Texas Medical Center celebrates World Sepsis DayHouston, TX - 9/23/2013
Experts from Houston Methodist Hospital and several area medical institutions came together last week to discuss sepsis as part of "Silent Killer: Cruel Lessons, Critical Practices," an awareness event hosted by the Texas Medical Center on World Sepsis Day, Sept. 13.
Sepsis is a serious, life-threatening infection that occurs when bacteria from the skin, lungs, abdomen, or urinary tract enters the bloodstream. Those who survive severe sepsis are more likely to have permanent organ damage, cognitive impairment, and physical disability. According to the Centers for Disease Control and Prevention, the number of hospitalizations for sepsis has more than doubled in the last decade, resulting in longer, costlier hospital stays and more fatal outcomes for patients with the infection.
Attendees were invited to the University of Texas Health Science Center to view information booths and exhibits from several hospitals prior to the main program, a panel discussion featuring sepsis experts from Houston Methodist Hospital, Memorial Herman Hospital, St. Luke's Hospital, the University of Texas M.D. Anderson Cancer Center, Texas Children's Hospital, the Michael E. DeBakey Veterans Affairs Medical Center, Baylor College of Medicine, the University of Texas Medical Branch at Galveston, and the University of Texas Health Science Center at Houston.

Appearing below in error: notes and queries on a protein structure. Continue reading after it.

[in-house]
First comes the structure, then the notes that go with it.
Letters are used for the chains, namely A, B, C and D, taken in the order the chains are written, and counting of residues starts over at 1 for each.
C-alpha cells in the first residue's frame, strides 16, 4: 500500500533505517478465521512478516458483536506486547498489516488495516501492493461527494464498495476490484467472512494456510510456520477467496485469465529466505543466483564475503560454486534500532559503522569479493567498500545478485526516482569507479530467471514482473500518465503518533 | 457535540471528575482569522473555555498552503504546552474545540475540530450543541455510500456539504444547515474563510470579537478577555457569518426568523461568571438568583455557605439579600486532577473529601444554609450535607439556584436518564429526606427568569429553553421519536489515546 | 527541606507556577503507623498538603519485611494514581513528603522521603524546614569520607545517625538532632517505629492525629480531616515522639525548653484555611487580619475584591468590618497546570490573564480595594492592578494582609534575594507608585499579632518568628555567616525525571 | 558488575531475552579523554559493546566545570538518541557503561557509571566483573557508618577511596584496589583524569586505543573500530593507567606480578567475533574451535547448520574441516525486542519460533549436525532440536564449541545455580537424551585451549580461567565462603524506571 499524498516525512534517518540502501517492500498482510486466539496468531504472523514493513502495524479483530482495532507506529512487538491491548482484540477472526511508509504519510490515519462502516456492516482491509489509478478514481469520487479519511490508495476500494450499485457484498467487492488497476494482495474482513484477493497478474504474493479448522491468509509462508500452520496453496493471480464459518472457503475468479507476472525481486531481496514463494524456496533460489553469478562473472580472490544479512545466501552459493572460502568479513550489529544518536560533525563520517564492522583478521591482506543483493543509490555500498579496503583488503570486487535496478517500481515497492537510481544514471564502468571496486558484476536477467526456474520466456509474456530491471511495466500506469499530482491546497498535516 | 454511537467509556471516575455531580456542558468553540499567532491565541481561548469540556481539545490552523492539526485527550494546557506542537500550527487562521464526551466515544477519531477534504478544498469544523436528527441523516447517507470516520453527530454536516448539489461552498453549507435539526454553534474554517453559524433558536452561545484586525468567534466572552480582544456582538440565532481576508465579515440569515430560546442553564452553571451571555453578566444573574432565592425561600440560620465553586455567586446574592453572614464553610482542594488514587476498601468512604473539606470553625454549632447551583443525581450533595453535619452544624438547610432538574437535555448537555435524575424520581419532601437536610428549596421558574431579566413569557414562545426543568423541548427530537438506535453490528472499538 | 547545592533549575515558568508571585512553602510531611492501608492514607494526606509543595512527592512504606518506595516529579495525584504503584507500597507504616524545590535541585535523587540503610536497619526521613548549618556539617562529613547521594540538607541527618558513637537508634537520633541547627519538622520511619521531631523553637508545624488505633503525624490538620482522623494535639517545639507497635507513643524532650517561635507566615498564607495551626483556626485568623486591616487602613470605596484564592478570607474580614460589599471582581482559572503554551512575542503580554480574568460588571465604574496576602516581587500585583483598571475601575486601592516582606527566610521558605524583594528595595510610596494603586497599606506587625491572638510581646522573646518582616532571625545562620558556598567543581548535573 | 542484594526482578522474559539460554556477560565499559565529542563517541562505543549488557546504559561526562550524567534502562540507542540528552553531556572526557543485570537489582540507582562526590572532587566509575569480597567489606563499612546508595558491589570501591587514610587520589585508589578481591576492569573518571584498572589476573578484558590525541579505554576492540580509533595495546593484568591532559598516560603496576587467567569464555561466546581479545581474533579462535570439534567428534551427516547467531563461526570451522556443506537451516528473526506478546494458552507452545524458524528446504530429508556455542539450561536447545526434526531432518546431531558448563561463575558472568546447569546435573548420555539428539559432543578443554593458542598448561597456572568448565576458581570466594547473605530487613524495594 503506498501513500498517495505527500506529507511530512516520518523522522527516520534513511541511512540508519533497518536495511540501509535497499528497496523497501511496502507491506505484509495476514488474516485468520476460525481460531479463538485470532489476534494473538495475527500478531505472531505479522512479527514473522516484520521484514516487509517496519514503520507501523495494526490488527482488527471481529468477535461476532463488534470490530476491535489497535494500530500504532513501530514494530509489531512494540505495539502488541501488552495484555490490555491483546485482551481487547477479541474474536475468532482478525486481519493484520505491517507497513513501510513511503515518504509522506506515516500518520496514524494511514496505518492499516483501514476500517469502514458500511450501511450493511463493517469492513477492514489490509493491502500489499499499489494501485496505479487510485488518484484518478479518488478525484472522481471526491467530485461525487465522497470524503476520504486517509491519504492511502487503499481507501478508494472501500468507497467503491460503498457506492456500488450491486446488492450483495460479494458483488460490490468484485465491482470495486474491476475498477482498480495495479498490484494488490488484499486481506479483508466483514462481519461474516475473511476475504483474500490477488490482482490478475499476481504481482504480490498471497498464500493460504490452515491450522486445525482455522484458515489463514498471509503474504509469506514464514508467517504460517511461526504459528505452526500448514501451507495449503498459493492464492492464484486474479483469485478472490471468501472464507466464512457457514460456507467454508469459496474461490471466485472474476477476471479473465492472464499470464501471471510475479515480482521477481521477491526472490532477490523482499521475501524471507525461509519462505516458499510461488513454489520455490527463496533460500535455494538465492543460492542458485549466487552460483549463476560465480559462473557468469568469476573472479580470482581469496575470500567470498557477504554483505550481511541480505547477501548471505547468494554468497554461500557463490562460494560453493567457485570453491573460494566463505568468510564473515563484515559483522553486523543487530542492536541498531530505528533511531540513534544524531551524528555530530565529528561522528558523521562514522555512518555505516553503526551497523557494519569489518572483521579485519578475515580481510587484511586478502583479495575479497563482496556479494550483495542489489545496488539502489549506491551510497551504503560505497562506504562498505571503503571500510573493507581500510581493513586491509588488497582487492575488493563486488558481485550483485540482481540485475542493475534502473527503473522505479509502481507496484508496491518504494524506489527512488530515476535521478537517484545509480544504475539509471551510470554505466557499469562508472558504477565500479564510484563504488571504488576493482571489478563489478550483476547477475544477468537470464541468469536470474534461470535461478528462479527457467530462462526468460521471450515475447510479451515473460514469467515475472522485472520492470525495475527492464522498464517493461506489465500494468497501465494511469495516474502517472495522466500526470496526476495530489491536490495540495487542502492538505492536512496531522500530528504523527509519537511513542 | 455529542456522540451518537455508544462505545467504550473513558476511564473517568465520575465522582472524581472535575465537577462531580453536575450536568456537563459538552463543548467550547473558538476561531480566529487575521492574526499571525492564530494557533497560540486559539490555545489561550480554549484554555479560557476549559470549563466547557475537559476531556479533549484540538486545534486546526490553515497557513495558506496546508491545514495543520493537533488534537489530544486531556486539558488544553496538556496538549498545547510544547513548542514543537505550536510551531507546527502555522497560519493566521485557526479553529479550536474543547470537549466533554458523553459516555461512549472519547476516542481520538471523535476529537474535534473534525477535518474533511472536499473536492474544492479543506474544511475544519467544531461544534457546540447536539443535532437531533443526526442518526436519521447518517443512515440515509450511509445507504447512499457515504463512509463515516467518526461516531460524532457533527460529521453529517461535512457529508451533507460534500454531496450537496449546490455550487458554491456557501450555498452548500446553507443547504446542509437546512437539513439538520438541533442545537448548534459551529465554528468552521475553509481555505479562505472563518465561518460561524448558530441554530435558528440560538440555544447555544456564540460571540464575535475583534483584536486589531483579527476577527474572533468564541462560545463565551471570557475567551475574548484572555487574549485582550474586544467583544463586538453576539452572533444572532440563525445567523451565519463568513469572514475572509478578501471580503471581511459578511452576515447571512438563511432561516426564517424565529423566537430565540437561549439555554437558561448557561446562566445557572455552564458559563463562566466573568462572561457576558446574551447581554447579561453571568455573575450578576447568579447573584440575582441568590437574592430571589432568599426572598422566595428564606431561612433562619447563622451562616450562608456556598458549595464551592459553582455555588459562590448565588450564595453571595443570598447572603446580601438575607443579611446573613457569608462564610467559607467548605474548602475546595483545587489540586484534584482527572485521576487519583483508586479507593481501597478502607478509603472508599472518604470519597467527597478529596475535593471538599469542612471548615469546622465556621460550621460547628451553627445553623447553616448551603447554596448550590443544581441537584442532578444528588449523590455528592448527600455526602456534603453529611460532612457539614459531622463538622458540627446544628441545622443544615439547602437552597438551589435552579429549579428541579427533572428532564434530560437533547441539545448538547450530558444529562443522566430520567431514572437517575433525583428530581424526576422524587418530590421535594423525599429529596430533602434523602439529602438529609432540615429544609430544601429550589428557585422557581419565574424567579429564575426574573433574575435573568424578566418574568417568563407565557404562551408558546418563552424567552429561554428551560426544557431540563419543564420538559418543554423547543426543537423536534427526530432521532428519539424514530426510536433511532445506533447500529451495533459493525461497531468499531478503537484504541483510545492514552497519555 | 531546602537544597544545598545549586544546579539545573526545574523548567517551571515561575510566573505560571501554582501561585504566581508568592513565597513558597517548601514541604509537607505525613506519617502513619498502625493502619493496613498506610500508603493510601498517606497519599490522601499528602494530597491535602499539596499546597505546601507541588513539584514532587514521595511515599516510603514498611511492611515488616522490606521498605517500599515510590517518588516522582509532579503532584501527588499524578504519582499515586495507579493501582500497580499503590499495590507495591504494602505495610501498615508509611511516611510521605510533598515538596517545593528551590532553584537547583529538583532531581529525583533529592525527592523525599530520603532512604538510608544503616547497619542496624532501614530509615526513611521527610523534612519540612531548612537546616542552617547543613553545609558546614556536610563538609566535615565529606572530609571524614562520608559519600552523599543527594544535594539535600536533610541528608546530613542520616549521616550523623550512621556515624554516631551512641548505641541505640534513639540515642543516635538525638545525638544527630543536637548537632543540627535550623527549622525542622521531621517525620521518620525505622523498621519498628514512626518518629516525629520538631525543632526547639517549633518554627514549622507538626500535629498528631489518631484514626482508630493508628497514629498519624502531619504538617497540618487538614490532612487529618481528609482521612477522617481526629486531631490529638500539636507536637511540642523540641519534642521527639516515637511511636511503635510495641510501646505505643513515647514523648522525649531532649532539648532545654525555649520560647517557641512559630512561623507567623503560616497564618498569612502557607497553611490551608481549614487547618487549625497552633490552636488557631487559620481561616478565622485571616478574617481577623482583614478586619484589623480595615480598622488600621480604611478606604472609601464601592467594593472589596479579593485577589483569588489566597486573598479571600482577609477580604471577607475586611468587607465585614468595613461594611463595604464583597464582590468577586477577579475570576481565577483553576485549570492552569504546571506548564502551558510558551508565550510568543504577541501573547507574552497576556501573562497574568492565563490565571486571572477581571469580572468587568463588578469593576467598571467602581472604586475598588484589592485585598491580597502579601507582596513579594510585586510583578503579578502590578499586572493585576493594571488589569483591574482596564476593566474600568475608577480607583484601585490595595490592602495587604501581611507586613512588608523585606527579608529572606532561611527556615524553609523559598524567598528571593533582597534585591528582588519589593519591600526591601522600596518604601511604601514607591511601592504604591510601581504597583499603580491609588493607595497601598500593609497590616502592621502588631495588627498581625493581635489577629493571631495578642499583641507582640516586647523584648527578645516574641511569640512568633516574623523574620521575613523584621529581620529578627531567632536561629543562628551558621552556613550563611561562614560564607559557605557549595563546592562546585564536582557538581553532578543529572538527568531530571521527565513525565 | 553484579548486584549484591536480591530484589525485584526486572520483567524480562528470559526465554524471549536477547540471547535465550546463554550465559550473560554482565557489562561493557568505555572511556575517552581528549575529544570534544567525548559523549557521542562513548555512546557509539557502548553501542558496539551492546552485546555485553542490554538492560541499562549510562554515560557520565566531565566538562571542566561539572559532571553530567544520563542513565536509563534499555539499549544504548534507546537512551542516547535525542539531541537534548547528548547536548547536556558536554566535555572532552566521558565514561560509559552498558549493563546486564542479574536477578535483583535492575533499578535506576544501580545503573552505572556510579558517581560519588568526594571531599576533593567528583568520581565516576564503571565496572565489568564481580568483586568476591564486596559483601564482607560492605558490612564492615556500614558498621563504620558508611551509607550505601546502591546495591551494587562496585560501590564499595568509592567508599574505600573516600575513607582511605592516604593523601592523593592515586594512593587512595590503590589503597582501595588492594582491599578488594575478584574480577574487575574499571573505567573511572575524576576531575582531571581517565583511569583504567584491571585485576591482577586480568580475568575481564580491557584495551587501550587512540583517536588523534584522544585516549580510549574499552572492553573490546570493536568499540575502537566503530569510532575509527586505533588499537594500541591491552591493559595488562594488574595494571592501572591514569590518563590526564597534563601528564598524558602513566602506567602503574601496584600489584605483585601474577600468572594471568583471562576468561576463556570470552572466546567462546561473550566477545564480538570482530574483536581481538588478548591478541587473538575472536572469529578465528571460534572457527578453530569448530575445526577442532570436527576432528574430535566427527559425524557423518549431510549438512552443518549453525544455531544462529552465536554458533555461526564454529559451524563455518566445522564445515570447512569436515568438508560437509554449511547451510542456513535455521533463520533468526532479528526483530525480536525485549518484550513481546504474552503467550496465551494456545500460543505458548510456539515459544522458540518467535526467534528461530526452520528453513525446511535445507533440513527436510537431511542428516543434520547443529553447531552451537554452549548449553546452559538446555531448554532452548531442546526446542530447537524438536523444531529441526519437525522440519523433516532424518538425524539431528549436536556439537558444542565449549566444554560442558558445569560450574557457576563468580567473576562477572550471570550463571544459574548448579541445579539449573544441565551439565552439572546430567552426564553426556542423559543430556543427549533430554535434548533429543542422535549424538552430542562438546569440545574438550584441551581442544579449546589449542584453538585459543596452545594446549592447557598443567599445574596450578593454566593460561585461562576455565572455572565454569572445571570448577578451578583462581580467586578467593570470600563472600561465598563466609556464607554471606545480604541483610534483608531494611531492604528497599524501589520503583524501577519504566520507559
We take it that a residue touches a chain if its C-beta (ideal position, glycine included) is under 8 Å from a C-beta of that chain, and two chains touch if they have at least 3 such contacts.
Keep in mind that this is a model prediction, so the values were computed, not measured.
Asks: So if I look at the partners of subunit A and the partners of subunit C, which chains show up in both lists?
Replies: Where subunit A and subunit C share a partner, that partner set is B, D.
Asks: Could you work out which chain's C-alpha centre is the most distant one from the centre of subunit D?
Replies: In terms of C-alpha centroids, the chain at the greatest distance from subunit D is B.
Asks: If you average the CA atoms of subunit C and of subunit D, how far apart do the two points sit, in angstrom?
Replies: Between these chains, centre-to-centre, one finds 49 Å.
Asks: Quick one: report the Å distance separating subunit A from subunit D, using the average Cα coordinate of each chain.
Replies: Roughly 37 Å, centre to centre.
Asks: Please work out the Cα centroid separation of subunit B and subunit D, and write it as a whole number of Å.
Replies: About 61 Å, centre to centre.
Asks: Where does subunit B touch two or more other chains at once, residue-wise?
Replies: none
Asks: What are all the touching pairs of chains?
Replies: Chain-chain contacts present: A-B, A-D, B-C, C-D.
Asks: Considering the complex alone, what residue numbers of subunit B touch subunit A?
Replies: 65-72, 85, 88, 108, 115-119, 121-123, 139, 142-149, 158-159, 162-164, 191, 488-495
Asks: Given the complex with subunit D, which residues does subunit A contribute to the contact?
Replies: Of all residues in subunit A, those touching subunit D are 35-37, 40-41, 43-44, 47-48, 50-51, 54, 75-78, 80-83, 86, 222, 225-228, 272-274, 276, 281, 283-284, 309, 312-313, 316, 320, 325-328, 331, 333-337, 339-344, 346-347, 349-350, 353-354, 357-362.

Physicians fielded questions from moderator Maureen Disbot, Houston Methodist vice president of quality operations. Topics included infection symptoms, treatment, prevention, and research. Attendees also heard touching personal stories from people who have been directly affected sepsis. Helen Haskell, president of Mothers Against Medical Error, opened the event by sharing how the sepsis caused death of her teenage son and subsequently changed the trajectory of her life. Later, Damian Duran, a 16-year-old sepsis survivor, gave a moving recollection of his own harrowing experience with the infection.
Dr. Faisal Masud, Houston Methodist's critical care medical director, was a featured member on the panel. The early detection protocols to prevent sepsis that he has helped develop at the Houston Methodist Hospital have saved more than 600 patients.
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